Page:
I have to admit, I never knew why bundt cake pans have the tube in the middle of the pan until I read Sumi von Dassow’s article in the Pottery Making Illustrated archives. Bundt cakes are shaped this way because it helps the cake cook evenly throughout! In case you’ve ever wanted to make your own custom bundt pan, I am excerpting from Sumi’s article in today’s post! Enjoy! –Jennifer Poellot Harnetty, editor.
A bundt pan is a type of tube cake pan, which I rarely see made out of clay. Perhaps because of the conical center opening it just doesn’t occur to a lot of potters to try this form, but it’s actually surprisingly fun and simple to make. While most recipes can be baked equally successfully in a loaf pan or a square or round cake pan, the purpose of the tube in the center isn’t merely decorative, it allows the cake to bake evenly from the center as well as the perimeter.
Yum! The only thing better than making pottery is using what you made in the kitchen. Sumi von Dassow shows you a different functional clay food project (along with a recipe) in In the Potter’s Kitchen, which is available in the Ceramic Arts Network Shop!
Throwing a Double-Walled Form
When throwing on the wheel, center 3 pounds of clay on a bat, and spread the centered mound out to about 8 inches across. Open the center all the way to the bat. Create a hole about 3 inches across in the center of the mound to create a donut shape (1). Wrap your hands over the sides, thumbs inside and fingers outside, to push down any clay that might have risen up around the opening and smooth the top of the donut. Now you can begin to open up the donut with your right thumb tip. You want to push your thumb tip into the donut pretty much as close to the center as you can. Create a channel in the donut (2), leaving only a ¼ inch of clay on the bottom—you won’t be able to trim a foot on the bundt pan. With your thumbs or fingertips, make the channel about 3 inches wide and flat across the floor.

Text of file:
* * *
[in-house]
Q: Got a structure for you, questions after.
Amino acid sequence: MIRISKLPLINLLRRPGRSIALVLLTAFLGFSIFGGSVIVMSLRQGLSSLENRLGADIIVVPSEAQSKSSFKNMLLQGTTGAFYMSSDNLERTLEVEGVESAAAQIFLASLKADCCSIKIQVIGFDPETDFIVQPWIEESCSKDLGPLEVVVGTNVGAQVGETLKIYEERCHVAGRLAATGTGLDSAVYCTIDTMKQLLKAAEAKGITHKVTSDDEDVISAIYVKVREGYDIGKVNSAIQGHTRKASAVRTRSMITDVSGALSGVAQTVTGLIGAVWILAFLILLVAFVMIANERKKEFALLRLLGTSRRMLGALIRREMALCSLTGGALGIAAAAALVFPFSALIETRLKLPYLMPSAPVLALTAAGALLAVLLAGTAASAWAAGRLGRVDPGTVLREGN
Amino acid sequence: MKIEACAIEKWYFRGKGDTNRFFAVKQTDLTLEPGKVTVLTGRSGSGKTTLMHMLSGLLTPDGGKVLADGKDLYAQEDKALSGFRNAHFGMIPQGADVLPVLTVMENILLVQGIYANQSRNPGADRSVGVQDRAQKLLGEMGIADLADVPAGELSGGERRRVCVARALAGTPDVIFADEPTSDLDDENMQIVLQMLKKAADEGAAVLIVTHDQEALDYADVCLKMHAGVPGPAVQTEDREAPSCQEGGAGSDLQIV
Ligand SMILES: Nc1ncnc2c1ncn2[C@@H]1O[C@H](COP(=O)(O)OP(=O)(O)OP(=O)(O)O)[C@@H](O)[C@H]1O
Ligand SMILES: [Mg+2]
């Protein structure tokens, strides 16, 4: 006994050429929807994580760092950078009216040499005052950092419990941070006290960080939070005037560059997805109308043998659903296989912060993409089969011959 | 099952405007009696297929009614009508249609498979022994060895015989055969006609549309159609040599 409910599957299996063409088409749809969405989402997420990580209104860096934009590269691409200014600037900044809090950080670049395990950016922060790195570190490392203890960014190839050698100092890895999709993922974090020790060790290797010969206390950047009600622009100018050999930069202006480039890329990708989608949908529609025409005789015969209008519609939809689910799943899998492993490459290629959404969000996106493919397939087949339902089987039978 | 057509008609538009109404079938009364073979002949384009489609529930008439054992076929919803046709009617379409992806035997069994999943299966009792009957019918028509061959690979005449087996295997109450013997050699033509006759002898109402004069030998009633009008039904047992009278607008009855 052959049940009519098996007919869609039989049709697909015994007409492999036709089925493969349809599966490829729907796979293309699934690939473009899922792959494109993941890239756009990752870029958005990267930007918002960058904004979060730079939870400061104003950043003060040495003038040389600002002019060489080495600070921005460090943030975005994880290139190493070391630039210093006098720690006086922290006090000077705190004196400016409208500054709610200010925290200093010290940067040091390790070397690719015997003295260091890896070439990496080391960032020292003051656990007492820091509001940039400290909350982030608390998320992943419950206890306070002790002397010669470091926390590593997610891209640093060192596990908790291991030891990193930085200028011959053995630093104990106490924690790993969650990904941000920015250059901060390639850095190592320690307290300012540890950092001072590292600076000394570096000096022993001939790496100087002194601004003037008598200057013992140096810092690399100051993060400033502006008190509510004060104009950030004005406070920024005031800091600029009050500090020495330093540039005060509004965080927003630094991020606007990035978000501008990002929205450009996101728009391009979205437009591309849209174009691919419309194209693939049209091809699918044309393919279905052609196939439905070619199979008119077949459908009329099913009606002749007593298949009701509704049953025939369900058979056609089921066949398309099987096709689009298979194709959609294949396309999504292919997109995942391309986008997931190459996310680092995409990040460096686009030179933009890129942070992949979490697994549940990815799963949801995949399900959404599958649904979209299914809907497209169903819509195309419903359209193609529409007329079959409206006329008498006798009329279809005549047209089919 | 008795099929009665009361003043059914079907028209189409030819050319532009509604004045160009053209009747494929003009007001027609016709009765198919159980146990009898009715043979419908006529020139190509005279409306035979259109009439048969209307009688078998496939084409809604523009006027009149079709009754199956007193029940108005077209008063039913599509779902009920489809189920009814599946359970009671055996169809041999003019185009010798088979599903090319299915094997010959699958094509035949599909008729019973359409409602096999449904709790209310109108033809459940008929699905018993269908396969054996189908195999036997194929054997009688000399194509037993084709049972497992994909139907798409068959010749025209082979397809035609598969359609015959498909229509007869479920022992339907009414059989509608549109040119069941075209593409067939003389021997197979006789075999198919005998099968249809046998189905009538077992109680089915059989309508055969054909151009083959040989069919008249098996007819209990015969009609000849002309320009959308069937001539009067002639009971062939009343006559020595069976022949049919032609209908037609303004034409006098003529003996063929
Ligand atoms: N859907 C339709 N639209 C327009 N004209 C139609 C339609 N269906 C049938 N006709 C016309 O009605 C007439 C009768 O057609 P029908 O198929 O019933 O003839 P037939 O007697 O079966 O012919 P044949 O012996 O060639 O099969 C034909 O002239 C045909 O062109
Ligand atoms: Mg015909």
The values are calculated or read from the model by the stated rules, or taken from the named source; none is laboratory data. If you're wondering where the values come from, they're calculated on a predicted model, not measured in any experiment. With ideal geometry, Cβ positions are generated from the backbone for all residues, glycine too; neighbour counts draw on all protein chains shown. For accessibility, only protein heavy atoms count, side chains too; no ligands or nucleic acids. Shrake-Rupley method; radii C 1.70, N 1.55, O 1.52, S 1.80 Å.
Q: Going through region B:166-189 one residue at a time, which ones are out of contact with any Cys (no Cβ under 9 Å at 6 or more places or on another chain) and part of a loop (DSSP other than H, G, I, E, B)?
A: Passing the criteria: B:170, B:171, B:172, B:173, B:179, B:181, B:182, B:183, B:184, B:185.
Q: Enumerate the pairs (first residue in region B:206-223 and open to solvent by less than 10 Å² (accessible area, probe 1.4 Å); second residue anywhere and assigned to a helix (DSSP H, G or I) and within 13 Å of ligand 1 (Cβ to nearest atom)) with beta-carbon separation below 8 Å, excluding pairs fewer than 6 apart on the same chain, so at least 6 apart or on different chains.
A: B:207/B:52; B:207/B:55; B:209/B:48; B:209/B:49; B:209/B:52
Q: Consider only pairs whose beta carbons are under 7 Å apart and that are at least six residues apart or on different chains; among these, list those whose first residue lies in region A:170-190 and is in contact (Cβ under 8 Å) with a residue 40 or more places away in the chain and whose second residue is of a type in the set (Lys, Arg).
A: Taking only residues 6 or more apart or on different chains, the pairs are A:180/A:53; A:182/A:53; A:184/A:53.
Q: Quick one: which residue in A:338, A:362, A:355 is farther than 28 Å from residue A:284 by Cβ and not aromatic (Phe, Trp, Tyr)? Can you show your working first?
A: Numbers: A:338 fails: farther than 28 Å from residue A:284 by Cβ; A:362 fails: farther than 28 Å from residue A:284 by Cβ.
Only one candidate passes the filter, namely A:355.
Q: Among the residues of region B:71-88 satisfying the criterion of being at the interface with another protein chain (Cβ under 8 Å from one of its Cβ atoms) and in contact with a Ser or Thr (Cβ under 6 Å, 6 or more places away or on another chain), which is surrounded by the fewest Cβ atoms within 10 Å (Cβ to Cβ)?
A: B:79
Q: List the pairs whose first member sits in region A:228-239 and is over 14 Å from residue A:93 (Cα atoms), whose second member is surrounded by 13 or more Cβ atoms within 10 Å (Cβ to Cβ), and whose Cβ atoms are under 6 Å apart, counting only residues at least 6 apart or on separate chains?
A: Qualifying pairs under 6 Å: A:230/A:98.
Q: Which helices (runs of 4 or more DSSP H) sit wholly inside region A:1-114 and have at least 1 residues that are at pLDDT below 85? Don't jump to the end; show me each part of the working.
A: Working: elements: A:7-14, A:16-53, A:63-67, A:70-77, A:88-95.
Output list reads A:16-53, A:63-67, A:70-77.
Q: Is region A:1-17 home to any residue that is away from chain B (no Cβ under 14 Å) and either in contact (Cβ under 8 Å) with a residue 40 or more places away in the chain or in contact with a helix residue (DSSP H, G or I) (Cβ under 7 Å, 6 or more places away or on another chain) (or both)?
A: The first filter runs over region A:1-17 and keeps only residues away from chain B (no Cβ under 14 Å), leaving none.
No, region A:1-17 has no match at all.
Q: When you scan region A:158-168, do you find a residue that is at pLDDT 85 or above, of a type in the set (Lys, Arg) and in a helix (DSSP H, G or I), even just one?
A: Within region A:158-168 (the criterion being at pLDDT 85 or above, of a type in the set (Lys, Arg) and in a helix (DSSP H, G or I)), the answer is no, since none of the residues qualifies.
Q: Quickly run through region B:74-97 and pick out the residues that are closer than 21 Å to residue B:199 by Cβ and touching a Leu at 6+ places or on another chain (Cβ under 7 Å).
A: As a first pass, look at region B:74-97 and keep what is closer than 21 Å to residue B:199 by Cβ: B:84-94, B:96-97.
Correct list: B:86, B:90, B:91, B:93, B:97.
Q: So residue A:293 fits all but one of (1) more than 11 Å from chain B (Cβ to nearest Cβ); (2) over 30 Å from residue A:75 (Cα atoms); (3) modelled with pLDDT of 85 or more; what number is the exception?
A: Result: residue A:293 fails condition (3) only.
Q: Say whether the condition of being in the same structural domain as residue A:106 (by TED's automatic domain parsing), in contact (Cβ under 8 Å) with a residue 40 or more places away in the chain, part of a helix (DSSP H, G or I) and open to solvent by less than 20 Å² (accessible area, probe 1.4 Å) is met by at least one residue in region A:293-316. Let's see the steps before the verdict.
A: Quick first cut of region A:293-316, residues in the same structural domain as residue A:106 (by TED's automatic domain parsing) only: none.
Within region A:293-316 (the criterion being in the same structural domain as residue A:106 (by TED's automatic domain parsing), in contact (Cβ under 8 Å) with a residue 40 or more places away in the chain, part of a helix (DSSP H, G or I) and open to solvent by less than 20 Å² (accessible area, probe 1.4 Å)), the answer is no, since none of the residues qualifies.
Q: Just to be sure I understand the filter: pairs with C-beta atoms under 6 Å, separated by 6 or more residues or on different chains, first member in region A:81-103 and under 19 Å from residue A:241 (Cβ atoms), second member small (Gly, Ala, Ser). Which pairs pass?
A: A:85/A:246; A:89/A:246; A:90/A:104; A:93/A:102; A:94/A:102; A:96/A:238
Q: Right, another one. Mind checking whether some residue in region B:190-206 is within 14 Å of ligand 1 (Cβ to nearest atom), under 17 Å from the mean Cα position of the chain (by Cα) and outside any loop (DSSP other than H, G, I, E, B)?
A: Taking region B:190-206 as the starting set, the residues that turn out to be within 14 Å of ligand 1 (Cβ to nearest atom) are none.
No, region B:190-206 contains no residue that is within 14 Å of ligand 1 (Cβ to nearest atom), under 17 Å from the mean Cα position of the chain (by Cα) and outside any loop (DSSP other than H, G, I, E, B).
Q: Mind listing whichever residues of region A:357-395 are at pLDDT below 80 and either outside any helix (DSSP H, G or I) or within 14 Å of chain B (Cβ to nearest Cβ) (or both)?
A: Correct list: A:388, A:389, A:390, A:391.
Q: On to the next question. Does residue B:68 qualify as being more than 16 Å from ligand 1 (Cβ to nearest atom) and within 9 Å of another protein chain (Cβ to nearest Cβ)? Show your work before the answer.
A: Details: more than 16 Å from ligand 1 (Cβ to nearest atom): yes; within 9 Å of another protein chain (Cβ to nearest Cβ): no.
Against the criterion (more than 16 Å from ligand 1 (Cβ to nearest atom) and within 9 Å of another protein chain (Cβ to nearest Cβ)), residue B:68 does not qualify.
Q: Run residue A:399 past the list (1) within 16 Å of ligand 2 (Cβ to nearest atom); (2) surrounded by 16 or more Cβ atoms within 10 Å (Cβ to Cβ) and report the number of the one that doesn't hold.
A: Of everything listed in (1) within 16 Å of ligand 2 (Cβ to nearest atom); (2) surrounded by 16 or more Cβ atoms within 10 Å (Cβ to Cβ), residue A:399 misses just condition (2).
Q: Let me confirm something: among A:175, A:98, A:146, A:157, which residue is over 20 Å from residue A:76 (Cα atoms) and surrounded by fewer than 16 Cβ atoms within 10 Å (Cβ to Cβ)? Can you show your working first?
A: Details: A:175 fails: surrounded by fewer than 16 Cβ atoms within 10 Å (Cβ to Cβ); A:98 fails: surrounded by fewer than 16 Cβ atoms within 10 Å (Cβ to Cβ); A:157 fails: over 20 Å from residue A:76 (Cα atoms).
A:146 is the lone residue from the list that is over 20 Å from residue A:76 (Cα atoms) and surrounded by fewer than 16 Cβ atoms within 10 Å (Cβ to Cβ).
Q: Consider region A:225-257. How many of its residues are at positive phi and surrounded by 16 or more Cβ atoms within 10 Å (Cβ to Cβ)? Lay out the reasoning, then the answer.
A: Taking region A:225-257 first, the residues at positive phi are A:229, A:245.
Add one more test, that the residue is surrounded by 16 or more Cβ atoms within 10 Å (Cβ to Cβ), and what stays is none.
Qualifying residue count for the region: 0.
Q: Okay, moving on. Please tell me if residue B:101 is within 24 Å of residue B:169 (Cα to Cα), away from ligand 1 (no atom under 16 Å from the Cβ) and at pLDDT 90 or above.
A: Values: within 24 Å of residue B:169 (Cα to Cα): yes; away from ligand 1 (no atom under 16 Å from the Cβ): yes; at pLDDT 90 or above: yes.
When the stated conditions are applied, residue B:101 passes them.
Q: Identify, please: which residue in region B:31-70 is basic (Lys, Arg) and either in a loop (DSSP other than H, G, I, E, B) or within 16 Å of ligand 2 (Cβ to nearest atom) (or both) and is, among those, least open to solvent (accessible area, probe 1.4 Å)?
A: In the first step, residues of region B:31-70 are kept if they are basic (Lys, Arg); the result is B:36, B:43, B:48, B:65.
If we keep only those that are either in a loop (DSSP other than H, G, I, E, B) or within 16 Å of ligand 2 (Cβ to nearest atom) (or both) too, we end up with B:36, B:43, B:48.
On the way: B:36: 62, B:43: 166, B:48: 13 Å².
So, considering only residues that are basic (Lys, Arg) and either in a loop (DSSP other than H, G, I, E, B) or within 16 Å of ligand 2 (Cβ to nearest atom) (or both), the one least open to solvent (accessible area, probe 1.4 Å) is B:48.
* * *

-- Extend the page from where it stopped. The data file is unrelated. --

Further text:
Now you want to pull up the tube in the center, before you pull up the outer wall, so you don’t risk damaging the outer wall trying to work on the tube. With your left hand inside the donut hole, pull the inner wall up, working to pull up as much clay as you can from the bottom (3). Collar this tube in slightly, creating a smooth curve inside the bundt pan. Remember, the tube needs to narrow continuously toward the top of the pan or the cake won’t drop out. Trim the rim of the tube with a needle tool, leaving it about 3 to 3½ inches tall.
Now you can finish the outside of the pan, pulling up the wall just as you would the wall of a bowl. Make sure to allow the wall to widen slightly as you bring it up, again thinking about how the cake needs to come out of the form (4). Tip: You want to make sure the inner surface of the bundt pan is a smooth curve (5), with no undercuts. Even strong throwing rings might cause a cake to stick. Use a wood tool or a metal-bladed tool to trim as much excess clay from around the base of the outer wall as you can. If you want to flute the pan, you need to make sure you don’t have any excess to trim away at the leather-hard stage.
Use a needle tool to trim the rim of the outer wall to be just slightly shorter than the tube, since you will need to turn the cake pan over to refine the exterior. You can check this by laying a ruler across the rim. However, be aware that a cake will climb the pan a bit more on the inside than the outside, so be careful not to make the tube too short. You’ll be fine if you just remember not to over fill the pan with cake batter! Finally, trim as much as you can from around the base of the wall.